The Water Demand Management Unit (WDMU) was established in the Ministry of Water and Irrigation (MWI) in 2002, and is responsible for Water Demand Management Programs for the urban sector in Jordan.
The Hashemite Kingdom of Jordan aspires to raise the quality and standard of living of its citizens, and therefore intends to expand the commercial, industrial and tourism sectors of the country in this regard. It is recognized that proceeding in this direction will put additional stresses on the already stretched water resources of the country.
The management of Jordan’s scarce water resources is a serious challenge. The most viable short-term option available to the Government of Jordan is to manage its water demand. Behavior patterns of water users will need to be adjusted toward greater water conservation practices and more efficient water use. For Jordan to meet the requirements imposed by a growing population and to meet its desired economic development objectives, it is imperative that optimal and sustainable patterns of water use be instituted at all levels.
No single action can remedy Jordan’s water shortages. Rather, many actions, by a variety of institutions, are necessary to increase overall water use efficiency and availability from the country’s existing resources.
The WDMU has been established, and views its role, as engaging in efforts that increase water use efficiency and availability in and among the municipal, industrial, tourism and agricultural sectors, while maintaining the social and economic benefits of water use.
Since being established, the WDMU has been primarily focused on the coordination and support of different donor programs on Water Demand Management.
Some of the WDMU’s major accomplishments have been:-
1- Introduction and promotion of the concept of water demand management in the water supply sector, as well as in other water use sectors. Historically, the focus on management in the water sector has been mainly on supply management.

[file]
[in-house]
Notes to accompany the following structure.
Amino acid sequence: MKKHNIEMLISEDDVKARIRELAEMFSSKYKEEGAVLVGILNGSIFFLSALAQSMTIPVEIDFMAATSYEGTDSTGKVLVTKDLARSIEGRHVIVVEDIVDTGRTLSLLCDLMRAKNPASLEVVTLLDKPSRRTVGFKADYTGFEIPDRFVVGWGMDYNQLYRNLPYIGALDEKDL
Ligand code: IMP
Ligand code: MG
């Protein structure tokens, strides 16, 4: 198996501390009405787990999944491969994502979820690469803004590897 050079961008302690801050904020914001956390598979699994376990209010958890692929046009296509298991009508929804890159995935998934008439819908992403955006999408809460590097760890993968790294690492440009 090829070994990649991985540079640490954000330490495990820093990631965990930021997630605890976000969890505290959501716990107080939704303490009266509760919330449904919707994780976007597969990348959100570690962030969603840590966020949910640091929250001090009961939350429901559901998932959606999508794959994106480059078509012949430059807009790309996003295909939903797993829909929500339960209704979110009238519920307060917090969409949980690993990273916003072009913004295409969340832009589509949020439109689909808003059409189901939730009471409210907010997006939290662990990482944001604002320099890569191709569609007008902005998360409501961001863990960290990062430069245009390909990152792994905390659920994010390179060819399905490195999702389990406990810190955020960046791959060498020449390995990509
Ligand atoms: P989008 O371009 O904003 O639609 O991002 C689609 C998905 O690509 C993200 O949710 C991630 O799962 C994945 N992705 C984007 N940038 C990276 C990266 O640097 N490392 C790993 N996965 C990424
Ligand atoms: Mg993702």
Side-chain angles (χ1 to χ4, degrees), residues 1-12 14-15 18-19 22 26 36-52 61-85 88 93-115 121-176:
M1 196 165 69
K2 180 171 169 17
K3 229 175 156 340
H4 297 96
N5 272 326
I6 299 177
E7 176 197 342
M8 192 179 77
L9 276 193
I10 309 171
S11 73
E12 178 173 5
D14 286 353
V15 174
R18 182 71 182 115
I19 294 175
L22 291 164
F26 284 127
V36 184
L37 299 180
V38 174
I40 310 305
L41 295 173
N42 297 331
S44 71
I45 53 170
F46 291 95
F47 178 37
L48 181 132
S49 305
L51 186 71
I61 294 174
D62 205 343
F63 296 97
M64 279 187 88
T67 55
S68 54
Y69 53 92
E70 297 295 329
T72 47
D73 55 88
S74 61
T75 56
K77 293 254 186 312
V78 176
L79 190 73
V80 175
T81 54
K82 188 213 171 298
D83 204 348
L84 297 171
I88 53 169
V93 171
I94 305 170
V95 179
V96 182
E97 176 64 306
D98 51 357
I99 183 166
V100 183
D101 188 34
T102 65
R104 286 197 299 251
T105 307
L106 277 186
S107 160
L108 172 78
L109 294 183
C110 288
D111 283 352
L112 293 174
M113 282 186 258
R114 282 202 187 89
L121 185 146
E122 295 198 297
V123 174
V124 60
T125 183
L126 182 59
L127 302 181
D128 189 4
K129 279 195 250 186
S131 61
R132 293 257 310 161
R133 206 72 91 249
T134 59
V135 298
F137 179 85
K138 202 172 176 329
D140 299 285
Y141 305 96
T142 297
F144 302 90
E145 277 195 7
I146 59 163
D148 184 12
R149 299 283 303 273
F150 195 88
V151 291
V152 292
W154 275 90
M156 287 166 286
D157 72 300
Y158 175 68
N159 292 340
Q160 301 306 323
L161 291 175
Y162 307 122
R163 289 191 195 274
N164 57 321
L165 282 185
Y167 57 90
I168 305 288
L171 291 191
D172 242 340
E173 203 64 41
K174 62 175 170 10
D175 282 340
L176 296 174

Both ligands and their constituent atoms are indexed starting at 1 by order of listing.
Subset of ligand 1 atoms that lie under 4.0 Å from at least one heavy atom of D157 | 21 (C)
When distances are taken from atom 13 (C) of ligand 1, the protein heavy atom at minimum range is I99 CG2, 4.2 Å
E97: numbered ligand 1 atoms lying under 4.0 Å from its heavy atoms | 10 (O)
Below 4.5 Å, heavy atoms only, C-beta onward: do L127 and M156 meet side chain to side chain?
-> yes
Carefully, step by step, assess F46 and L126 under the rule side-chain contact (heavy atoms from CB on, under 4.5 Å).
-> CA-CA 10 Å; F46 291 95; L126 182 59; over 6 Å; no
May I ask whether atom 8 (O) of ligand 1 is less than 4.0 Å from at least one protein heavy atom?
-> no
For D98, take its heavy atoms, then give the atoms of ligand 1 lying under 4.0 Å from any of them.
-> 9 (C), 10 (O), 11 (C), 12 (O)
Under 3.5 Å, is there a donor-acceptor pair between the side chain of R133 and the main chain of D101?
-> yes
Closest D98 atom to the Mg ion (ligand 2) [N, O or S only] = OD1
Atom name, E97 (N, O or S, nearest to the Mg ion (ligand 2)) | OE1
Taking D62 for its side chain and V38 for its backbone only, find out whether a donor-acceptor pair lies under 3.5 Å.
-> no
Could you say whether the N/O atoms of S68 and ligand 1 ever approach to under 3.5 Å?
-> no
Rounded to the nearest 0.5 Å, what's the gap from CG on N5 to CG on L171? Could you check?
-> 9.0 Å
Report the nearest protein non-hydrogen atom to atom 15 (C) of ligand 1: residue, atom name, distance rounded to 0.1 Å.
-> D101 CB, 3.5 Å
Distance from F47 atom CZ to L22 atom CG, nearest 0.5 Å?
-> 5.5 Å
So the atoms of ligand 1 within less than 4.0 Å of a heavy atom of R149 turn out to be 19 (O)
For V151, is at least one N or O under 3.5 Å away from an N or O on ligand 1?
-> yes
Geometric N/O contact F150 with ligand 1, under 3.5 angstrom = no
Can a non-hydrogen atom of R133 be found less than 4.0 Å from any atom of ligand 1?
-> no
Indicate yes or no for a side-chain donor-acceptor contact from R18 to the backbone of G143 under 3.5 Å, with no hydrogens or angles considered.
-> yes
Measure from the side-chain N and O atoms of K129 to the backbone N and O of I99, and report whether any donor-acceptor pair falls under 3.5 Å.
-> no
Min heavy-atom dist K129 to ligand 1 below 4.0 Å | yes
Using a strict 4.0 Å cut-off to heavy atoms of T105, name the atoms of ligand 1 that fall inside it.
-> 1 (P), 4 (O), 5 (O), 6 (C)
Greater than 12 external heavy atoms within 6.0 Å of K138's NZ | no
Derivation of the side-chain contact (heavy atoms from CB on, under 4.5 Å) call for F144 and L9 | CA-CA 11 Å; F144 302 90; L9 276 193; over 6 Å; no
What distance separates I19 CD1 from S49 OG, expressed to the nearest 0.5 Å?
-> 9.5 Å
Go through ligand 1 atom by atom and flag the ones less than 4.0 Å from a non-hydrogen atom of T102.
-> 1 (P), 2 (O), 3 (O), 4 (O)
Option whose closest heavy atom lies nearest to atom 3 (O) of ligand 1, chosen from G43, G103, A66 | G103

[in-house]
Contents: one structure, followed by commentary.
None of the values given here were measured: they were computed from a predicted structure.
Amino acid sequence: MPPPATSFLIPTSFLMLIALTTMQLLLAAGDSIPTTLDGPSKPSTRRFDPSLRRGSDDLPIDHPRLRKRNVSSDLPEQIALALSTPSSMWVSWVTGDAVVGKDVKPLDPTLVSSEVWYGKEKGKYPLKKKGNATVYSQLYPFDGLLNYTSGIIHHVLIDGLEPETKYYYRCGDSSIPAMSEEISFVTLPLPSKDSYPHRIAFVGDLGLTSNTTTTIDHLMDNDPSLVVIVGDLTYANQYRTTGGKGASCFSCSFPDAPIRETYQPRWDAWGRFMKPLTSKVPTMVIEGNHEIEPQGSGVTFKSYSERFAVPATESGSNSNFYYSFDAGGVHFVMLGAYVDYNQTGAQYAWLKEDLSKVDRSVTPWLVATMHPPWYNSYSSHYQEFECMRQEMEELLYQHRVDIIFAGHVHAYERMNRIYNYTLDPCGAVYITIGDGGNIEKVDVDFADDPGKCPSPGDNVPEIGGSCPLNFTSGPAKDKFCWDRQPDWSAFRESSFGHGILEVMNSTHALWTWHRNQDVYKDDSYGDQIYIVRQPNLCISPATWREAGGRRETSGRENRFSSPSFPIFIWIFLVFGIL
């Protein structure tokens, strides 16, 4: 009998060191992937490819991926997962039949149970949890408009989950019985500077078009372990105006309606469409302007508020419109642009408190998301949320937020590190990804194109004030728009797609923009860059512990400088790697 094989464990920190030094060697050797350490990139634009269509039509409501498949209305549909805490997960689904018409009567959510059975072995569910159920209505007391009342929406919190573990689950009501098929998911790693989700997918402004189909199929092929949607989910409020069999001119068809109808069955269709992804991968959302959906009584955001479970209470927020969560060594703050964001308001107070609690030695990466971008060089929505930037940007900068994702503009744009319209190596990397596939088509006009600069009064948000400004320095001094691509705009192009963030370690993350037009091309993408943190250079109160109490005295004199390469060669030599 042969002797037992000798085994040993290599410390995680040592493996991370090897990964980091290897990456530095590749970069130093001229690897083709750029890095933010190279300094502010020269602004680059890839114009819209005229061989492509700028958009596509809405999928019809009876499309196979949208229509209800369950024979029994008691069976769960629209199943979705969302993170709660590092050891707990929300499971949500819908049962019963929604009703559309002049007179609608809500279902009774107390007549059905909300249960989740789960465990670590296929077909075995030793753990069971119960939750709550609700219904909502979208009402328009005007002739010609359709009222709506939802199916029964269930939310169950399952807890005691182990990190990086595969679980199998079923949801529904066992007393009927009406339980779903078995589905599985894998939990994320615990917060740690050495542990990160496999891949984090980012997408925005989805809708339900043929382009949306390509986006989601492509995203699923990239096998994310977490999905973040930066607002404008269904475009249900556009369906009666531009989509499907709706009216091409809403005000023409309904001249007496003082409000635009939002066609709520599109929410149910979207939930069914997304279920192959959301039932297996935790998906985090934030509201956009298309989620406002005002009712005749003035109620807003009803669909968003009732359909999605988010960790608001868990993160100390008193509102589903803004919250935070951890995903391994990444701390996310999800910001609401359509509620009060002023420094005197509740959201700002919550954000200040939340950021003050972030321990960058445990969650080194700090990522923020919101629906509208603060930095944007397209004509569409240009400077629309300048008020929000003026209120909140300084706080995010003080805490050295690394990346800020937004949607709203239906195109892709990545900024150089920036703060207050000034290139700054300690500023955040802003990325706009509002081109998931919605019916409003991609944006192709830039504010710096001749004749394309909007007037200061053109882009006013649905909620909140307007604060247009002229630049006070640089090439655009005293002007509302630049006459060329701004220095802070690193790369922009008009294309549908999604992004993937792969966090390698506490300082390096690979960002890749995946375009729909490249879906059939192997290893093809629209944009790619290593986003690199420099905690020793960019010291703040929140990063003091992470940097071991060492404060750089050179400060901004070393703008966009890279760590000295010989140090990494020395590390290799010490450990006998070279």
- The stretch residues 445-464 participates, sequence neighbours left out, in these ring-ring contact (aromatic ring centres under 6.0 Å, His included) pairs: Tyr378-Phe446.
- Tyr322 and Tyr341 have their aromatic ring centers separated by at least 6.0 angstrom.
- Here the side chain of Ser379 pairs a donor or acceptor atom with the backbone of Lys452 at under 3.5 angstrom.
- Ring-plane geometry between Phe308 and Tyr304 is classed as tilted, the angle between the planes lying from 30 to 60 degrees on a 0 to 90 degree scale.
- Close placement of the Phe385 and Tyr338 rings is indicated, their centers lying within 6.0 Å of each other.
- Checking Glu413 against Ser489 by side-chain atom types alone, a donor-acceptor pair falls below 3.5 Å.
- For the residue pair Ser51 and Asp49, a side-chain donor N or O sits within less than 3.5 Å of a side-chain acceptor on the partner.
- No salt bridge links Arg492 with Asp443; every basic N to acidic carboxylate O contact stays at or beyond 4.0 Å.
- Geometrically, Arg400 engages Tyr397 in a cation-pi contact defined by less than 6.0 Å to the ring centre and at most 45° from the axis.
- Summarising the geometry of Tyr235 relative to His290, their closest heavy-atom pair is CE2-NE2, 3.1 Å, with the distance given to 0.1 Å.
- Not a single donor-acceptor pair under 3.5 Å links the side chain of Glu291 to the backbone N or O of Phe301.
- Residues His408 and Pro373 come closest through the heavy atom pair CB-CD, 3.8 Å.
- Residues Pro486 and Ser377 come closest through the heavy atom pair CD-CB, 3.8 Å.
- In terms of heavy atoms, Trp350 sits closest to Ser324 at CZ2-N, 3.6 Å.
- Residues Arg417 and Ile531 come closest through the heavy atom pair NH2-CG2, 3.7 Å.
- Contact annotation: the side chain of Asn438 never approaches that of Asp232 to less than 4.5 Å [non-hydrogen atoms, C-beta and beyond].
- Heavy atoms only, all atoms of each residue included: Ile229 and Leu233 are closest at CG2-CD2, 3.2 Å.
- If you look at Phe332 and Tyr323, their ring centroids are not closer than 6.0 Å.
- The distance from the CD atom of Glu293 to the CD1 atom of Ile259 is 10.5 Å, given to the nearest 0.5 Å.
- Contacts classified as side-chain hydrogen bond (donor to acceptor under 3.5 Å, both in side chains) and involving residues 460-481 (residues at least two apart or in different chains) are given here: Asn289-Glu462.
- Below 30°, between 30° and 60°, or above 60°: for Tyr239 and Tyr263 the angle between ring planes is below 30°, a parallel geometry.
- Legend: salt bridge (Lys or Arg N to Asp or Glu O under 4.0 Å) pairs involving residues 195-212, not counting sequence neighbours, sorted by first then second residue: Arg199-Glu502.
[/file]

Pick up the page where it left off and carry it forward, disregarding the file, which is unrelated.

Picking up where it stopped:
2- Promotion of water saving technology and water saving devices, which has proven to save at least 20% on water usage in buildings. The WDMU offers a free audit program for large consumer.
3- articipation in introducing new water laws and regulations aimed at conserving water: “National Jordanian Construction Code: Water Supply for Building Codes” has been updated to address concepts of water efficiency and thresholds for flow rates in water outlets in buildings. Beautification Codes were also updated to introduce the concepts of water savings in outdoor uses of water and concepts of water conserving gardens. Lectures that target design engineers and plumbing technicians have been conducted to increase awareness of the new codes and their potential water savings benefits.
4- Introduction of Water Demand Management concepts in school curricula to increase the awareness of the new generation of Jordanian citizens regarding water scarcity and educate them about more efficient use of water. The WDMU, when requested, has provided lectures to school students to explain the water situation in Jordan, and how they can participate in efforts to conserve water or use water more efficiently.
5- Studied the possibility of grey water reuse in areas with no sewer systems. A grey water treatment and reuse system was installed in Shgira village, and was maintained and monitored. The WDMU participated actively in the discussion and evaluation of grey water in the country. In addition, the WDMU has promoted and supported studies on rainwater harvesting.
6- Carried outreach activities for creating a water conservation culture especially for school children and women.
7- Participated in national and international conferences, and presented papers to promote water demand management.
8- Promoted the idea of water conserving gardens to raise awareness in the field of water conserving landscape, and followed up with the public parks and nurseries specialized in the propagation of native, drought tolerant plants.
9- Supported the establishment of a Master’s Degree Program in Water Demand Management at Jordan University for Science and Technology. This pioneering Program includes a series of highly specialized courses in Water Demand Management and is intended to help in institutionalizing the profession of water demand management in Jordan.
10- Supported a community grants program to provide assistance to local communities in different parts of the country to implement projects that either conserved water or increased water use efficiency.
11- Coordinated and supported different donor programs on Water Demand Management.
This Strategic and Operational Plan has been prepared by the WDMU with support of the IDARA Project, in consultation with a broad stakeholder group interested in Water Demand Management (WDM) issues and concerns, to serve as a guiding document for WDM in Jordan for the period 2008-2012. This time-frame is seen as a period of major economic growth for Jordan, and a period that will challenge the water resources of Jordan to meet the needs of it citizens